Scientists point to narrowing climate gap

2015-07-07 20:01

Melbourne. (Shutterstock)

Multimedia   ·   User Galleries   ·   News in Pictures Send us your pictures  ·  Send us your stories

Paris - Climate scientists gathered on Tuesday in Paris, five months before the deadline for a historic carbon-curbing pact, to show that a radical shift to sustainable energy can still limit disastrous planet warming.

On current trends, humanity would spend the estimated safe budget of Earth-warming greenhouse gases within 20-25 years, the experts said, and urged a quick and dramatic transformation of the energy sector.

"The world is at a critical crossroads," UN Secretary-General Ban Ki-moon said in a message read to the gathering of nearly 2 000 academics from around the world.

Nations have committed to limiting average global warming to two degrees Celsius over pre-Industrial Revolution levels, but research suggested the world could be heading for double that or more, he said.

Analysis of emissions curbs pledged by nations to date to underpin the new climate rescue pact, showed the combined effort will "not be sufficient to meet the 2 degree target," said Ban.

"Clearly strong action still needs to be taken."

The four-day international science huddle opened on Tuesday in the French capital, which will also host a November 30-December 11 UN climate conference for 195 nations to thrash out the long-awaited agreement.

The gathering of academics from nearly 100 countries will review the most up-to-date science on risks and solutions, including technological advances, to feed into the Paris pact.

Scientists stressed the task was a difficult one, but not impossible.

"At current emissions, we have a time window of about 20 to 25 years until that budget [of emissions consistent with 2°C] is exhausted," said Thomas Stocker, a professor of climate physics at Bern University.

"There's only a third of the emission budget that is remaining, and... we are using it up at an unprecedented velocity. What we see today are the highest emissions in history."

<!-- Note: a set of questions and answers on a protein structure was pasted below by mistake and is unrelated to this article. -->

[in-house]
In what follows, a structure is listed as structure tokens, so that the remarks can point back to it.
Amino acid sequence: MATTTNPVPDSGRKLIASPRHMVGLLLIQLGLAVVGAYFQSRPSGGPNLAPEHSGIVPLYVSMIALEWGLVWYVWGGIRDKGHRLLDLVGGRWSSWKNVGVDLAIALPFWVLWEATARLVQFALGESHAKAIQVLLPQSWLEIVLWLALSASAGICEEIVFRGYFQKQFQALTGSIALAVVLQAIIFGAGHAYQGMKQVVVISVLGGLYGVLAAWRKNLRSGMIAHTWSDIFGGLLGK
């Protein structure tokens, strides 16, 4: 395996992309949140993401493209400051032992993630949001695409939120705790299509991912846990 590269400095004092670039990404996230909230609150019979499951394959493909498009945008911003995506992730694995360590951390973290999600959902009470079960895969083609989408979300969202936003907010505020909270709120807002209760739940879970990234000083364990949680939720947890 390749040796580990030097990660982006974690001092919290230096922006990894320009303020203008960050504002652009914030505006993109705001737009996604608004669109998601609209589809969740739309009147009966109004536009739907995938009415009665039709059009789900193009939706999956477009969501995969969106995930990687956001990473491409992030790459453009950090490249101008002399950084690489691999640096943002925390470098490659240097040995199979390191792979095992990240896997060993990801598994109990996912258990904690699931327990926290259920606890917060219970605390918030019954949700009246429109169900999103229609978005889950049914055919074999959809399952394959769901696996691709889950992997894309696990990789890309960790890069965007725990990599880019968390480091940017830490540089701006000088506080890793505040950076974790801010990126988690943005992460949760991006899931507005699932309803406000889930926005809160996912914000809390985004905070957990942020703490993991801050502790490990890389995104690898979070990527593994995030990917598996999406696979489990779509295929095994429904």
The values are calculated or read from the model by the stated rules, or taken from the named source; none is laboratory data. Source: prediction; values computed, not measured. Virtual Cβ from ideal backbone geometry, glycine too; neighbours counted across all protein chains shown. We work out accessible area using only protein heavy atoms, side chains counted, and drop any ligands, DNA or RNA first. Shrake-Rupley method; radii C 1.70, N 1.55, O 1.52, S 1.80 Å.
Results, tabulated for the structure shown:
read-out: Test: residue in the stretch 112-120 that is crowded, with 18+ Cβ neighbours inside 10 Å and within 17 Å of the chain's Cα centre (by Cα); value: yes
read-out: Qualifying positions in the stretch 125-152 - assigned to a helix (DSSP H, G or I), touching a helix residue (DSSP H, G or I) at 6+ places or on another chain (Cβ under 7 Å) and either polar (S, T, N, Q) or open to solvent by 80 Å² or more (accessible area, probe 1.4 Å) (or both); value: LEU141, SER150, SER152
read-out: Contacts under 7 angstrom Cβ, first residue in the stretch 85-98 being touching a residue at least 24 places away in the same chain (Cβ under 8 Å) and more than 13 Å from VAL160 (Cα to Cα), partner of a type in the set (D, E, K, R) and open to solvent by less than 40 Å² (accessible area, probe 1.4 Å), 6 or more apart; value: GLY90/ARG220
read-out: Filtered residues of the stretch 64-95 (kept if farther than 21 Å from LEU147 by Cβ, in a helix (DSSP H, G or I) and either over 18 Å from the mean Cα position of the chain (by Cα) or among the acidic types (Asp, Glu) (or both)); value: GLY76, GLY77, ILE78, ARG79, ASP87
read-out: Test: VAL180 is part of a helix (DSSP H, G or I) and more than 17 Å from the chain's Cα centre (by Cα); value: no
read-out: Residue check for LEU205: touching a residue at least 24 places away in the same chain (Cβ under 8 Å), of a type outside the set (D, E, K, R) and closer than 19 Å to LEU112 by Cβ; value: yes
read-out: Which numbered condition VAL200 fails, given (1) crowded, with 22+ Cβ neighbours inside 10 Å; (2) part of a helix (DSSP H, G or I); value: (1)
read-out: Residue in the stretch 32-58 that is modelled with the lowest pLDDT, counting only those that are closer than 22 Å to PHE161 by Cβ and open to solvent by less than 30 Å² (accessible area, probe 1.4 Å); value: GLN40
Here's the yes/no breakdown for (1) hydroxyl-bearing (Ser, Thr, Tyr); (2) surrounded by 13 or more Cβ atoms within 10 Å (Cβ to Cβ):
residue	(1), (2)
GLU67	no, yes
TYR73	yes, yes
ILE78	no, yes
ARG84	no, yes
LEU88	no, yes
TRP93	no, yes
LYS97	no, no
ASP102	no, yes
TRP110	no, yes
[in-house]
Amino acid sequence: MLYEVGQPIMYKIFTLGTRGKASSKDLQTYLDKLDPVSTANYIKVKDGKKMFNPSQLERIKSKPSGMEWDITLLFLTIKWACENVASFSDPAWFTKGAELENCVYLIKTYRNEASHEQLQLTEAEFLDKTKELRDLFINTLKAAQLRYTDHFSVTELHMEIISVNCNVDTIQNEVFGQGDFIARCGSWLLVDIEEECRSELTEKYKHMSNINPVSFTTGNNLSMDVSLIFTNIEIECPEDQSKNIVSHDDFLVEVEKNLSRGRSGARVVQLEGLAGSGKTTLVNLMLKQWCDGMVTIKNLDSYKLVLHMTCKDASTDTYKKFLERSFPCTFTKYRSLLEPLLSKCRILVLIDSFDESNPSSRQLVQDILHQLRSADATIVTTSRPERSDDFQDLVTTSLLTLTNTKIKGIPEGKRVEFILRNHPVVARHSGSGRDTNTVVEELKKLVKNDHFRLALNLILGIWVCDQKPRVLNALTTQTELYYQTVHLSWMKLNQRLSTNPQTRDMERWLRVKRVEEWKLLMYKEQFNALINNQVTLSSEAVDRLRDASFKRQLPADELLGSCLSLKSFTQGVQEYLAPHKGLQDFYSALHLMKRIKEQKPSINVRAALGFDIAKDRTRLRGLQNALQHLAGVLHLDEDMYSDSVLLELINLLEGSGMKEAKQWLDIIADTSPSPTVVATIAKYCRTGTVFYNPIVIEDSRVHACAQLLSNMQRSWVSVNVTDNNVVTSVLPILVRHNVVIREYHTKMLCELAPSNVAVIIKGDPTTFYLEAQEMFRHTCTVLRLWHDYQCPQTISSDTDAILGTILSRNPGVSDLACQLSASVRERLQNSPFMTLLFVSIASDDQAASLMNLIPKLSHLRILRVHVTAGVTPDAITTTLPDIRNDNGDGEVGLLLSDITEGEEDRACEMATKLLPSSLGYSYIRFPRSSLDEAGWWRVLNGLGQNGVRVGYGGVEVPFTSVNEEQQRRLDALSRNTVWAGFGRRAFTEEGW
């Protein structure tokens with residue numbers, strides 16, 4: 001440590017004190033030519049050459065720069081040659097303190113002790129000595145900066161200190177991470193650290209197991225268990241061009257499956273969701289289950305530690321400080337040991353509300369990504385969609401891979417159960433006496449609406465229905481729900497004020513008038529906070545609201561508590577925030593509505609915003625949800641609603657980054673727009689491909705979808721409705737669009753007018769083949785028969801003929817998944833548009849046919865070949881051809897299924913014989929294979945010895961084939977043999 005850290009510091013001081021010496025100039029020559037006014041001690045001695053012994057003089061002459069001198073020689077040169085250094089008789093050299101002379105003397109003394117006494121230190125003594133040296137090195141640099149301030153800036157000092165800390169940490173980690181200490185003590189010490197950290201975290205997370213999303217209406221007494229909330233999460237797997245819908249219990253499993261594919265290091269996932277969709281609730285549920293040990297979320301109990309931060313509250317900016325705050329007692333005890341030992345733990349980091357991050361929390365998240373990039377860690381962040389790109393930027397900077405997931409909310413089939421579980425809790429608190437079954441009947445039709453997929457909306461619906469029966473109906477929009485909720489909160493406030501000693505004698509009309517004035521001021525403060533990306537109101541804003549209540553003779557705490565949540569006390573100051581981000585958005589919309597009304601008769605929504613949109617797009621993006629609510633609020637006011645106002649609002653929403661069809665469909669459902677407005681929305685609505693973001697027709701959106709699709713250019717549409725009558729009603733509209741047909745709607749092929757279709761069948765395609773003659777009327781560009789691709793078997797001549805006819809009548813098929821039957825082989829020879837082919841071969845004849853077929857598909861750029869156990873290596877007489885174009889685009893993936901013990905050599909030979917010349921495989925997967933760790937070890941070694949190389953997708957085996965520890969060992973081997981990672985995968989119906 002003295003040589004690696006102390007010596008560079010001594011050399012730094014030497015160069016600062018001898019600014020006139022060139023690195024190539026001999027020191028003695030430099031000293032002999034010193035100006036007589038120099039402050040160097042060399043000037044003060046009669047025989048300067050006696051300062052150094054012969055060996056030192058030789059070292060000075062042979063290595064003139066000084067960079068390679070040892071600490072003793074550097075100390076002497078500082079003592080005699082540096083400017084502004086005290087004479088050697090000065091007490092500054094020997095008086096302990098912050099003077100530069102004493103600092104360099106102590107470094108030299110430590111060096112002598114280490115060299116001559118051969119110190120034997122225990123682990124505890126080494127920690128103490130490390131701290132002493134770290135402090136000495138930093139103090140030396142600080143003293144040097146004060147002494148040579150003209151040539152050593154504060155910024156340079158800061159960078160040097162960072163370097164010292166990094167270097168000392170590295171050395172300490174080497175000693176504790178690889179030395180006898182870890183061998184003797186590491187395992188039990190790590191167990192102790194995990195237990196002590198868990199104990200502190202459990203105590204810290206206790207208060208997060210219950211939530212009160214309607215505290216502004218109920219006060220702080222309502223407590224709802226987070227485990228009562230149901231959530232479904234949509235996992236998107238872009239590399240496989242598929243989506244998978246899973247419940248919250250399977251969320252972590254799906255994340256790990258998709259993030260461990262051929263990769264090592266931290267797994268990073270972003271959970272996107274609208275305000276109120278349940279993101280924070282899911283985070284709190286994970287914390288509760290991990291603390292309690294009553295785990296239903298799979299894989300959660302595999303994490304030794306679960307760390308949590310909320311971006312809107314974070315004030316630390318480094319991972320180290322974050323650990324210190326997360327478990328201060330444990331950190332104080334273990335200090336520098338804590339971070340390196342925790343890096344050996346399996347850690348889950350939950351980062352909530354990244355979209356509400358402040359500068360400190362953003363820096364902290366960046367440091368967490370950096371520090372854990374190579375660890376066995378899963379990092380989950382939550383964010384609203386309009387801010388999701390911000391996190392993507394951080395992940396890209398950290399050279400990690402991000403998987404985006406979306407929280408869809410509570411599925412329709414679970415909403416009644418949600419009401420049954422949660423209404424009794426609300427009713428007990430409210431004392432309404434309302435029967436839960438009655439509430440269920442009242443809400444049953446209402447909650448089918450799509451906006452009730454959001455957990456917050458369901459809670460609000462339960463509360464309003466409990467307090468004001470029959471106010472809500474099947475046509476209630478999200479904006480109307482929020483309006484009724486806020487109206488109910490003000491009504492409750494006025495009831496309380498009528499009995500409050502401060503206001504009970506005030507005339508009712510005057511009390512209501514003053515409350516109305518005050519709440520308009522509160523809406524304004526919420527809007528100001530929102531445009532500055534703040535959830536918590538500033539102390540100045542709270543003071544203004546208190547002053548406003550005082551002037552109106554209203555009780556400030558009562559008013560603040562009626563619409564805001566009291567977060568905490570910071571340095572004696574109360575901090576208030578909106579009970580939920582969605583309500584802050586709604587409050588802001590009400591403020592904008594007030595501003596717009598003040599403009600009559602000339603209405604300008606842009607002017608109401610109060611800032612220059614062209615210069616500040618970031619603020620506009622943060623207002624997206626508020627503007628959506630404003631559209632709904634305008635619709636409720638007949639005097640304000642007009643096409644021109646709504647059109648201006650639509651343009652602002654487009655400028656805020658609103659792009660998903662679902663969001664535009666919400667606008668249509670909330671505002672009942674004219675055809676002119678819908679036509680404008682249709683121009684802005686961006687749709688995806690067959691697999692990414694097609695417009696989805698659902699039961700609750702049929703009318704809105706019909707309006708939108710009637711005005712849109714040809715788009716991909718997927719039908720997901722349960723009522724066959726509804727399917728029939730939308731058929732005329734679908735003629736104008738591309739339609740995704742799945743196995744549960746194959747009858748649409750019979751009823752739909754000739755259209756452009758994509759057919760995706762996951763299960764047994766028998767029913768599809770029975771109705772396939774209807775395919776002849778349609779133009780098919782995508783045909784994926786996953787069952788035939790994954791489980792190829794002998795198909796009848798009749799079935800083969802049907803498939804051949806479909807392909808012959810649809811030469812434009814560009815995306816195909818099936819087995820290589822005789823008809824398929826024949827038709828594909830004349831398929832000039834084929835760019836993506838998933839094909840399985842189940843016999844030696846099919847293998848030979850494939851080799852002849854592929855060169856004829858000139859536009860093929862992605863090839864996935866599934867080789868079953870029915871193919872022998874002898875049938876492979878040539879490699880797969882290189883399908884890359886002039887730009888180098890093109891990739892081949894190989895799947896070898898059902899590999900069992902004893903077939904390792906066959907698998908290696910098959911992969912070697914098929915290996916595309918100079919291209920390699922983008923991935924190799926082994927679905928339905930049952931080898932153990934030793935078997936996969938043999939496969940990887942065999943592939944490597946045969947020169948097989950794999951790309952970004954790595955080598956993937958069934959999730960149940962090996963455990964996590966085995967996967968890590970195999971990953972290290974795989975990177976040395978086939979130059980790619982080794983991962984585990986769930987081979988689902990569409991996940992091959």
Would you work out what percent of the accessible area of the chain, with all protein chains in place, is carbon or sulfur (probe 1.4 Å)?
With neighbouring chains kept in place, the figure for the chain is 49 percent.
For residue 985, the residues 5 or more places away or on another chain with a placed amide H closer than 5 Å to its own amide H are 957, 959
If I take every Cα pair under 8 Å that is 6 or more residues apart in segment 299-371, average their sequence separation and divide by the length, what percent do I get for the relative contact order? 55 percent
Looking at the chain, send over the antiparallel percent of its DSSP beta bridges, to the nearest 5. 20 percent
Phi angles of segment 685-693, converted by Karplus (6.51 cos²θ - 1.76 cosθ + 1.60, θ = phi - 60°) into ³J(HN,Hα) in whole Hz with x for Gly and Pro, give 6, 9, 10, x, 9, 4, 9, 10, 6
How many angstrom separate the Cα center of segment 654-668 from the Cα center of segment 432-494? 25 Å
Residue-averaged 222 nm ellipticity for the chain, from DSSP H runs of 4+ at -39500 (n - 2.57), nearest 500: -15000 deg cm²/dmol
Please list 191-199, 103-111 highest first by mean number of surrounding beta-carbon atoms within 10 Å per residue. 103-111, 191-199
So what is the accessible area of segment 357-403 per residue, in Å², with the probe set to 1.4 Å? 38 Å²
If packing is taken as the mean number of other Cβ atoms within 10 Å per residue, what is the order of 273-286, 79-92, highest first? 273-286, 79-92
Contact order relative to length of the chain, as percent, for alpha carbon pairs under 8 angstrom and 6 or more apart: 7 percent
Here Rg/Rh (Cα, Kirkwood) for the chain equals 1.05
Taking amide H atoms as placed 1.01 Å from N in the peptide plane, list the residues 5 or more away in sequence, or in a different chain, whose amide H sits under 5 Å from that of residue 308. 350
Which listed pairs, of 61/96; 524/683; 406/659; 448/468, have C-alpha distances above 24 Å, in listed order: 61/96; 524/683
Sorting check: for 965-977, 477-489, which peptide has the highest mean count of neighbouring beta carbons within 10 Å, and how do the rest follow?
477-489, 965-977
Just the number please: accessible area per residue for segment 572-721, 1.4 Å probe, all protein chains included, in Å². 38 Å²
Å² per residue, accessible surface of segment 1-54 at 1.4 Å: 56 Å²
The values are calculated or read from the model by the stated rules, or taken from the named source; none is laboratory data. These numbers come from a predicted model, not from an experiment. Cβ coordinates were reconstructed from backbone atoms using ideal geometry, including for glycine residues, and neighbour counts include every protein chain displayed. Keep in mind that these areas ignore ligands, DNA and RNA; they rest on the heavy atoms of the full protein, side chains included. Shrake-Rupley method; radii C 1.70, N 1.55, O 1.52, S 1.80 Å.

The science gathering comes eight months after the UN's Intergovernmental Panel on Climate Change (IPCC) brought out a report, widely considered the bible of climate science, which warned that the 2°C window was fast closing.

Window is 'tight'

Emissions will have to drop 40-70% between 2010 and 2050, and to zero by 2100.

The 2°C target "has become extremely ambitious," said Stocker, who helped compile the IPCC report, but "substantial reductions over the next few decades can reduce climate risks.

"That necessitates a transformation in the energy sector" - from emissions intensive coal, gas and oil to more sustainable sources like solar and wind.

World Meteorological Organization (WMO) head Michel Jarraud painted a picture of rising seas and more extreme storms and drought in a warmer world.

"It is still possible to change course and limit climate change to a reasonable level," he told the conference. "But time is short."

Even at 2°C warmer, the world will be a more hostile place.

Though it is difficult to attribute specific weather events to climate change, scientists say the world is already 0.8°C warmer and the global mean sea level 19cm higher than in 1901.

"Overall about half of all [plant and animal] species have changed where they live, changing their distribution to track the shifting climate," Camille Parmesan, from the marine institute at Plymouth University, told the conference.

But there was some good news too.

The International Energy Agency said in March that global emissions, the most prevalent greenhouse gas, stalled for the first time in 40 years in 2014.

The 2°C window, "is very tight", said Michael Grubb, a climate policy expert with the University College London, "but had last year's data been different, it would have been even tighter."

Read more on:    iea  |  paris  |  climate change

Join the conversation! encourages commentary submitted via MyNews24. Contributions of 200 words or more will be considered for publication.

We reserve editorial discretion to decide what will be published.
Read our comments policy for guidelines on contributions.
NEXT ON NEWS24X publishes all comments posted on articles provided that they adhere to our Comments Policy. Should you wish to report a comment for editorial review, please do so by clicking the 'Report Comment' button to the right of each comment.

Comment on this story
Comments have been closed for this article.

Inside News24

Traffic Alerts
There are new stories on the homepage. Click here to see them.


Create Profile

Creating your profile will enable you to submit photos and stories to get published on News24.

Please provide a username for your profile page:

This username must be unique, cannot be edited and will be used in the URL to your profile page across the entire network.


Location Settings

News24 allows you to edit the display of certain components based on a location. If you wish to personalise the page based on your preferences, please select a location for each component and click "Submit" in order for the changes to take affect.

Facebook Sign-In

Hi News addict,

Join the News24 Community to be involved in breaking the news.

Log in with Facebook to comment and personalise news, weather and listings.